Final design and research thesis, MA Architecture and Historic Urban Environments, The Bartlett, 2018
Since its beginning in the 1st century AD up to the present day the City of London has been subject to constant change and alterations. While its city layout is a heterogeneous and dense urban carpet today, the City’s main structure proved to be a robust antagonist to iterative destruction horizons occurring during the last two millennia. This research and design project investigates the historical components provoking changes within the original Roman city layout and successive alteration towards its contemporary condition by asking the question: How do its Roman origins manifest in the contemporary urban layout of the City of London?
The methods applied to this thesis resemble two archaeological techniques: The stratigraphic excavation – a method where one layer after the other is removed – is applied to the horizontal urban survey. The quadrant excavation, which defines a certain orthogonal area in order to vertically survey all cut through layers. It is applied to the in-depth research and design part of this thesis.
Every layer of information gathered can be located within a vertical diagram as well as three-dimensional space. Finally, with the connection of the historic layers to time, a fourth component is added to the scheme. Due to the complexity of the assemblage of all layers underneath the ground in the course of different periods of time, it is one of the aims of this thesis to make the evolutionary factors of the contemporary City visible in three physical models.
Design project in cooperation with the Asmara Heritage Project, Eritrea, MA Architecture and Historic Urban Environments, The Bartlett, 2018
Massawa, the “Pearl of the Red Sea“, is a city of ruins. Over 500 years of capricious history have been absorbed by the island’s urban landscape: Turkish colonialism, Egyptian rule, Italian takeover, earthquakes and Eritrea’s war for independence left traces in Massawa’s built enviornment. What remains of the city today can be regarded as an archive of Eritrean history. More occupied than inhabited by only a hand full of people, its empty houses and plazas tell great stories of passed times. It is the aim of this project to complement the historic fabric of Massawa in an unobtrusive way in order to turn it into a place worth living in again. At this, the city’s historical density is understood as an opportunity for raising awareness and pride for the Eritrean identity. All elements introduced by this project are designed as an immanent part of Massawa. Alike its ruins, these elements are generated out of its place and will be transforming back into it over time. Therefore, the half- nished, half-eroded state of the city should not be regarded as an exceptional condition, but much more as what Massawa‘s architecture historically expresses: gradual growth, change and decay.
Final design and research project (MArch), in cooperation with Madrid’s environment department Consegerìa de medio ambiente
Once a thriving transhumance the Cañada Real Galiana in the outskirts of Madrid has transformed its appearance. The cattle drive of about 70 metres width has increasingly been built on from both sides towards the middle of the path since the sixties of the last century and is one of today ́s biggest illegal European settlements. The research, analysis and design project highlights this interesting settlement with uncontrolled growth and thus underlines an urban development scarcely known in today’s Europe. Three architectural and urban designs emphasise developmental possibilities of the 13 kilometres long informal settlement that undoubtedly will soon be assimilated by Spain’s capital city.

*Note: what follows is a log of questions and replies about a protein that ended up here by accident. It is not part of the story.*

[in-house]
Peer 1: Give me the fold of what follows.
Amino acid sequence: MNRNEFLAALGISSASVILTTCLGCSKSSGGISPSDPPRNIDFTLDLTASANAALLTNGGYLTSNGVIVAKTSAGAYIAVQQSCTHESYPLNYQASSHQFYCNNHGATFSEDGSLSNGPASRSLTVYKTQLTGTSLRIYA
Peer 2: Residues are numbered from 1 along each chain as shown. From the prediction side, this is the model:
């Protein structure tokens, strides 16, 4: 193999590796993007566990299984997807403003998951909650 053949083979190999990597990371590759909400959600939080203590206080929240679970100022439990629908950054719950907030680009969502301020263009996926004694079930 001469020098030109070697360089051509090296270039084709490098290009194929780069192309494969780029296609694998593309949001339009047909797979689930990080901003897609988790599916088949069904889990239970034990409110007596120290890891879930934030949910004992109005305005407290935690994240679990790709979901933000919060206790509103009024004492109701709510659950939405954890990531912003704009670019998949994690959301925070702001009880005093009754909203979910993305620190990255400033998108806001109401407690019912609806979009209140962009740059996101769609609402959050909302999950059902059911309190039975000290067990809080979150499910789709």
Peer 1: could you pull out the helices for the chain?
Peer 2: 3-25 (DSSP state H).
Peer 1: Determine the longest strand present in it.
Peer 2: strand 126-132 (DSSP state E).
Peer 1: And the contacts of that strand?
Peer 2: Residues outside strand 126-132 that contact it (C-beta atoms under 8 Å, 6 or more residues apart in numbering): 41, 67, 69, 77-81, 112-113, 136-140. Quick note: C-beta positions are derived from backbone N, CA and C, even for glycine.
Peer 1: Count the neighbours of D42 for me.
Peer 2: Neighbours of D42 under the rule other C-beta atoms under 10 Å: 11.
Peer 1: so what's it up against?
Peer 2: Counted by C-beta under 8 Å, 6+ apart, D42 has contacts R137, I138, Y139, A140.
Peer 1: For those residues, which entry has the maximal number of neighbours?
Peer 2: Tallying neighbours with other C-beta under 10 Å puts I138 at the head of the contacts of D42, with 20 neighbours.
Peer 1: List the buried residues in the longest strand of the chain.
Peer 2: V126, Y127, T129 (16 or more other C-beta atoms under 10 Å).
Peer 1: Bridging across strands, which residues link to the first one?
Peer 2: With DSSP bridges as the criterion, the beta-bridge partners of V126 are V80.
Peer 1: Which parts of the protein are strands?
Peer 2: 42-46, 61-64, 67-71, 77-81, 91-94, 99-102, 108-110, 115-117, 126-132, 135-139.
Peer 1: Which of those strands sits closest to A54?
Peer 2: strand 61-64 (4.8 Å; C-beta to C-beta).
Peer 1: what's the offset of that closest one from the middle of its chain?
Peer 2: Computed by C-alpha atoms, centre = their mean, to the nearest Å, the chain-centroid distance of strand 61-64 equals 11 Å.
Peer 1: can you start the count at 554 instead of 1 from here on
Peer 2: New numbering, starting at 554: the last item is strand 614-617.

„It is paradoxical that current terminology uses “informal” to refer to a condition that both is more prevalent now and was more common in the past; in comparison, the formal system seems relatively rudimentary.“
Design project „Ribbon-Built Villages“: Prototypical Houses for the Ecuadorian Costal Region, 2013/14
1st prize, Blue Award 2016
“Pueblos Calleros” organises housing along highly frequented infrastructural routes leading towards areas of high population density. The project’s main objective lies in reaching greater spacial and social density by providing both interior rooms and private exterior space within one building, multiplied by personalised variations within the whole settlement structure. The combination of long-lasting materials such as reinforced concrete and easily renewable, locally available material such as bamboo unfold new possibilities for a building tradition that has been facing a severe decrease over the last decades. Whilst purely bamboo-built houses are lacking privacy for its inhabitants and are easily broken into or destroyed by fire, their earthquake security as well as ecological and atmospheric environmental performance is remarkable. By applying bamboo-building materials in a beneficial way to a robust settlement structure of concrete and brick, a lasting and highly flexible system is generated.
STEP 1: The community provides a property of suffcient dimension along the road.
STEP 2: Base and walls of concrete and brick are constructed by the community and sold/ leased to settlers and future inhabitants.
STEP 3: The inhabitants construct their bamboo house inside the structure, using prefabricated joints and openings in the wall and base to fix their bamboo-columns and the roof(s).
STEP 4: At last only the walls made of split-bamboo are missing. These mats are attached to columns and walls, resembling textiles or even skin.